Last weekend I enjoyed the LLL of MO conference in Columbia. It was really well put together and I enjoyed myself thoroughly (I also got thoroughly exhausted--it was a packed schedule--and came home with a nasty, wracking cough). I "won" some cool stuff in the silent auction and raffle too--such as a Peekaru baby carrier cover and a Moby Wrap. And, the conference tote bags are cool--nice black and red with a stylized line drawing of several mothers and babies in a half circle. Really very nice. It was great to see old friends and get to know new ones better and also to meet people face-to-face who I only know through email. Face-to-face makes SUCH an important difference and is so much more real than "virtual" connections are.
I presented my session on Celebrating Pregnancy through Art and it went well. This was the first time I've presented at a conference and it was a delight. My session did not have many participants, but more than had originally signed up for it, so that was encouraging. The picture here is of the display board I made of different types of art during pregnancy (most of which hang on my wall in real-life. This was like a portable birth art wall for me! The picture below is of figurines created during this same session at the FoMM retreat in Sept. I didn't take a photo of the figures from the LLL conference session.
My favorite sessions were those presented by Diane Wiessinger. She gave an amazing session called "Watch Your Language" that was about how we talk about breastfeeding. An example, using the word "special" to describe breastfeeding--a "special bond" a "special nursing corner" etc. and also using the word "perfect" (which communicates something that isn't reasonable or that "real" people can't do or live up to). She encouraged us not to "glorify breastfeeding" like this. Breastfeeding ISN'T special, it is NORMAL. A breastfed baby has a "normal bond" with its mother! Human milk isn't the perfect food for babies, it is the NORMAL food for babies. I just loved it. I love language and hidden "messages" in our words. I could go on about this presentation for hours. It was great. She also gave a meaningful talk about "Changing Thoughts on Latch" that was really important.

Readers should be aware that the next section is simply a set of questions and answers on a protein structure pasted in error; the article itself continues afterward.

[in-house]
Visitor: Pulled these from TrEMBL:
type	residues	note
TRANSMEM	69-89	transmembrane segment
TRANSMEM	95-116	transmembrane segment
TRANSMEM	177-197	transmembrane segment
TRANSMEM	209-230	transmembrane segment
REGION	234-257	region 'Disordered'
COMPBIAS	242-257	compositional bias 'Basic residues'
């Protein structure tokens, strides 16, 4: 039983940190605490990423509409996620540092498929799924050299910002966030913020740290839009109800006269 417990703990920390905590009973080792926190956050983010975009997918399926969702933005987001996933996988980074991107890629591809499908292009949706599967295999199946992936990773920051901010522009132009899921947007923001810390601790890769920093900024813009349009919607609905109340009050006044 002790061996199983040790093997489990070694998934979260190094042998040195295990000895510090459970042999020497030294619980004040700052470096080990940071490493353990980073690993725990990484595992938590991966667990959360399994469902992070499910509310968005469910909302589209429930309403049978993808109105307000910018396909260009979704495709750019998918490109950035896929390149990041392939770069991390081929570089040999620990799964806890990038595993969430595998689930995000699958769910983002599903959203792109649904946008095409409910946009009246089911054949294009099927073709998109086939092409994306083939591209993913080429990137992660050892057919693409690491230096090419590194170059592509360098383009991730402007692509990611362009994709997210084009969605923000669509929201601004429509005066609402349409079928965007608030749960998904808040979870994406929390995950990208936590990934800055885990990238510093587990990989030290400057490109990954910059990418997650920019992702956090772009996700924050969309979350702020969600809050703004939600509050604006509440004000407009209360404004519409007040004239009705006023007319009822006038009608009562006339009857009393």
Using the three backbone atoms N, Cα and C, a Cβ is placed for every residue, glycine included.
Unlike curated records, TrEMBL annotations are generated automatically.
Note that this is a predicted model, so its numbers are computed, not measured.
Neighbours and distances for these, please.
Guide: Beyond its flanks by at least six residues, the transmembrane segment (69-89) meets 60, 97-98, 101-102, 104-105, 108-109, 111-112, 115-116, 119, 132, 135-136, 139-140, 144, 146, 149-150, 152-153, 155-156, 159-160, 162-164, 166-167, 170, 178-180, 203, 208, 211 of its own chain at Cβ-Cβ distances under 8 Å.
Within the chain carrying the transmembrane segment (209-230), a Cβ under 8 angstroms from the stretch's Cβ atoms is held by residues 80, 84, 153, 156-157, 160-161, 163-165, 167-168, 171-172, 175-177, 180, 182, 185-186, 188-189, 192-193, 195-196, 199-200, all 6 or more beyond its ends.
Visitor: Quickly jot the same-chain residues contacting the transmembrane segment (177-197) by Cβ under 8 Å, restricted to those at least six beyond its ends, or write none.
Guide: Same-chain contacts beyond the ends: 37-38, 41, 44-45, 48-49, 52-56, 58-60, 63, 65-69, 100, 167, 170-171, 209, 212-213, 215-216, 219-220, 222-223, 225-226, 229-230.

I also really enjoyed a session by Deanna about "Following Your Passion While Raising Your Family." One of the insights I re-had following this session was whether I would prefer people to say after I die, "She did everything she was supposed to do, "OR, "she was joyful." I feel like much of the way I live my life would garner me the first response--I did everything I was supposed to do (but didn't have a whole lot of fun doing it...) WAH! I need to do some serious thinking and reorganizing and re-prioritizing. I'll keep you posted as to what develops...First thing might to reconsider the "serious" thinking and do some "joyful" thinking instead, LOL! ;-)
The link was made several times during this conference (by both headliner speakers--Diane & then Dia Michels) about the need to more explicitly link birth with breastfeeding. As Dia said, there needs to be a new word, "birthandbreastfeeding." Sometimes in LLL settings I feel apologetic about my passion for birth or like I need to make sure to keep it low key, so it was nice to have it affirmed that the connection is undeniable. The two are inextricably linked and it DOES matter how and where you give birth. As Diane said, "It's the birth, silly!"
Living with a small kitchen
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